by Phil Gould
: Added January 2011
The funfair at the Festival Gardens in Battersea opened in 1951 as part of the Festival of Britain. Aimed at helping to celebrate what was great about Britain it followed the end of the Second World War and was also intended to help take peopleís minds off austerity measures still in place. While the South Bank event, timed to open exactly one hundred years after the Great Exhibition had taken place, concentrated on showing all that was great and good in an educational manner Battersea was very much focussed on fun.
The Battersea site was not finished in time for the official opening of the Festival on May 3rd but the funfair opened for business a week later with the rest of the gardens opening at the end of the month. It proved to be a great success and when the celebration finished in October 1951 plans were put in place to retain the funfair at Battersea.

Operated for the first few years by London Authorities the funfair was handed over to a private concern, the Battersea Company, from the mid-50s. Over the decades many famous fairground families had attractions at the park including Collins, Grays, Biddalls and Botton Brothers.

I only ever visited the funfair in Battersea Gardens once on a family trip to London. As I lived in a small village close to the Potteries in North Staffordshire the trip to the Capital did seem like a journey to another planet. We set out very early in the morning to get the train to London. I was 11-years-old and had already developed a fascination with travelling fairs and amusement parks. While my family wanted to see Big Ben, the Tower of London, Trafalgar Square and Oxford Street I knew that the only place I wanted to see was the Festival Gardens.

My parents, being aware that I would more than likely be restless until we had visited the park, decided that this was the first place we should head for when we reached the city. With hindsight this probably wasn't such a great idea as we arrived at midday just as the park was opening up for business.

The year was 1972 and our visit was in June a few weeks after the tragic accident on the parksí Big Dipper. I remember walking along the drive leading up to the funfair with big expectations. I could only imagine what sights waited to greet me as this was the first amusement park that I had visited outside of the North West. I had seen glimpses of Battersea on the television when Cliff Richard sung his minor hit Flying Machine at the park on one of his television specials and when Blue Peter had done a piece about the funfair a year earlier.

Looking back there was something of a strange atmosphere hanging over the park, which was hardly surprising in view of the recent accident. The station of the Big Dipper had been boarded up but the massive ride was still in situ dominating the rest of the park. Operated by showman John Collins since the start of the Festival the ride was actually a rebuild of Stephen Hadfield's Scenic Railway at Southportís Pleasureland. It had operated at Collinsí Amusement Park in Sutton Coldfield for four years before being relocated to London. I also recall thinking, just like Belle Vue before it closed, the park had a look of being past its sell by date. Which is a shame as it had some great rides which are sadly no longer with us.

The other large gravity ride was the Water Chute. This was built at the back of the park close to the Big Dipper. It had replaced the Dragon Mountain Roller Coaster, a rebuild of another Southport roller coaster which only lasted for the first four years of the Festival Gardenís operation. Strangely the ride survived on the site for a few years after the rest of the funfair was removed. It opened when travelling fairground rides visited the site. In 1977 it was relocated to Dreamland in Margate, where it remained until 1995.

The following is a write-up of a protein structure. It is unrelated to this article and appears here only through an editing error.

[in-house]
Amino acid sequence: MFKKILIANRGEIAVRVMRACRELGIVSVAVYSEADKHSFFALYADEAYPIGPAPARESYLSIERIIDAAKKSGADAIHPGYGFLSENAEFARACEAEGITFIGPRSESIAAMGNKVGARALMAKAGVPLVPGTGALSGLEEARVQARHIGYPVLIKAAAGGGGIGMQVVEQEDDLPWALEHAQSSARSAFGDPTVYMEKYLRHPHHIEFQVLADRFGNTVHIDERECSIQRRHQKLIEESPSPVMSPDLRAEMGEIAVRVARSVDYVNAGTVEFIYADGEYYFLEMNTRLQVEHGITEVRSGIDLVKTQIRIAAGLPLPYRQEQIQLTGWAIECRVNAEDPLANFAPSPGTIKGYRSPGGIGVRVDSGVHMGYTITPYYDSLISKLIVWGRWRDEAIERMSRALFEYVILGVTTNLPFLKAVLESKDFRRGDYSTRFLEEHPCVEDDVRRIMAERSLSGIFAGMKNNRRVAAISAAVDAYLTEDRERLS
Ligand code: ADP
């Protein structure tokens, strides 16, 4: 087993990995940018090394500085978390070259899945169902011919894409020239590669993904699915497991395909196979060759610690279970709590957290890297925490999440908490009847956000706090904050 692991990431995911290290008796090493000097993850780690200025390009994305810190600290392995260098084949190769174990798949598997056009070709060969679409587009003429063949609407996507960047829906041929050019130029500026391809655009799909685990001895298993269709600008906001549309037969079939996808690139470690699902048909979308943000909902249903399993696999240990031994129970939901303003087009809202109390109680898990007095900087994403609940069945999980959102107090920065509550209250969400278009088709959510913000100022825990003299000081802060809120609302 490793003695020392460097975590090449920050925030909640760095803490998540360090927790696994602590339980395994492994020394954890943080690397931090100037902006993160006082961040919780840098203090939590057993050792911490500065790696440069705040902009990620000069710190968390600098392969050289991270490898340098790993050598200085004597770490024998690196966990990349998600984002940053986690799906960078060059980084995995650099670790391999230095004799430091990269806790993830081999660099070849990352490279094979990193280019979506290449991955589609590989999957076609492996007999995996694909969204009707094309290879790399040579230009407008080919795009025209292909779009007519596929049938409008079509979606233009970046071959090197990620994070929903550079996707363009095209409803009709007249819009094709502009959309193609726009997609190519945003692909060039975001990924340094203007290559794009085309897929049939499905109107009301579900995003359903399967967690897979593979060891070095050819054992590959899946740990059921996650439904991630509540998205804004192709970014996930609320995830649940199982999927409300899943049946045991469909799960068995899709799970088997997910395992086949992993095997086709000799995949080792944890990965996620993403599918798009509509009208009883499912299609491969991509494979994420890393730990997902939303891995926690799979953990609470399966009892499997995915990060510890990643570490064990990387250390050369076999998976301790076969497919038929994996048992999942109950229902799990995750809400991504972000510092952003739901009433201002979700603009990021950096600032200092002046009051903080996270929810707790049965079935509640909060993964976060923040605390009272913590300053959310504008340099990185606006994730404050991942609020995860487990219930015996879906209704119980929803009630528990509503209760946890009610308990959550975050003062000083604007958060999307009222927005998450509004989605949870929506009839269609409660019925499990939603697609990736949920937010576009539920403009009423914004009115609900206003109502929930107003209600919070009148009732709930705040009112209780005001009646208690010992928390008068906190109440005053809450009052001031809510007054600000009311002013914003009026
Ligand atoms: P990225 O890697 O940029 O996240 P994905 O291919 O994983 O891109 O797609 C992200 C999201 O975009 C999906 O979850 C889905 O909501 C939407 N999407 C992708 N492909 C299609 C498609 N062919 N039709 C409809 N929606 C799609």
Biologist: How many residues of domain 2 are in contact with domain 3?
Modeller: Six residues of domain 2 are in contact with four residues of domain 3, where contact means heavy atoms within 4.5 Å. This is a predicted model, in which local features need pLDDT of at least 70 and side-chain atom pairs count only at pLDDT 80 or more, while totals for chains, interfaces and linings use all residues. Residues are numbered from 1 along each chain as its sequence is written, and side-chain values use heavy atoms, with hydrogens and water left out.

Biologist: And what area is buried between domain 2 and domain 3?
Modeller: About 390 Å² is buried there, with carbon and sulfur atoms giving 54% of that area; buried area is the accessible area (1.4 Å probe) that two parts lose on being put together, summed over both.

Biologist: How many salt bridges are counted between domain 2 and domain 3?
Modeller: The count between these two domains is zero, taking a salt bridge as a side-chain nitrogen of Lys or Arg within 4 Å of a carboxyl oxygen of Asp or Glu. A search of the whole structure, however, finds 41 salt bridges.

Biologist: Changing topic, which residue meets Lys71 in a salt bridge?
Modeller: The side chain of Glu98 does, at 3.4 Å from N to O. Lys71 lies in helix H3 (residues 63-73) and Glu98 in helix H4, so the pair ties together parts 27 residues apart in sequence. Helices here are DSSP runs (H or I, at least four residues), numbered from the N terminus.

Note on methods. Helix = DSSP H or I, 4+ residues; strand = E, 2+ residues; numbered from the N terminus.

The Water Chute was operated by the Battersea Company which was also responsible for a number of other attractions. Built directly underneath the aforementioned ride was the World Cruise, which was the parkís version of the once popular river caves. The front of the ride was painted with a bright blue ocean scene. As I never went on the ride I can only assume that you were transported to scenes from different countries. The waterway was concealed in a building in the centre of the Water Chute. The company also operated a Go-Kart track, the Haunted Goldmine - a dark ride constructed under the Big Dipper, a Haunted Mirror Maze at the front of the park and the Rotor.

The latter ride was new at the park that year having been in store at Pinewood Studios for a number of years. It was in a large permanent structure and the front boards were painted exactly the same as a similar ride at Rhylís Ocean Beach. The legend Rotor was painted in massive letters and either side were images of people looking as though they were tumbling through the air. It was odd that this attraction had been brought back as a large Rotor had already been at the park from 1951 through to 1970 before being replaced by a Paratrooper (which had just been sold to the Stanworth family from my home city Stoke-on-Trent). This Rotor had been at the Kursaal in Southend before coming to London. After the parkís closure it was built up at Dreamland, Margate before going back to Southend. By this time both that park and the ride were of greatly reduced in size.   

General view of Battersea Funfair, from the forthcoming book Battersea Fun Fair Memories by Nick Laister and Robert Preedy. Picture: John Barber

The Water Chute dominated the back of the park, and would be moved to Dreamland Margate in 1977. Picture: National Fairground Archive

View across the park with the Water Chute in the background. Picture: National Fairground Archive



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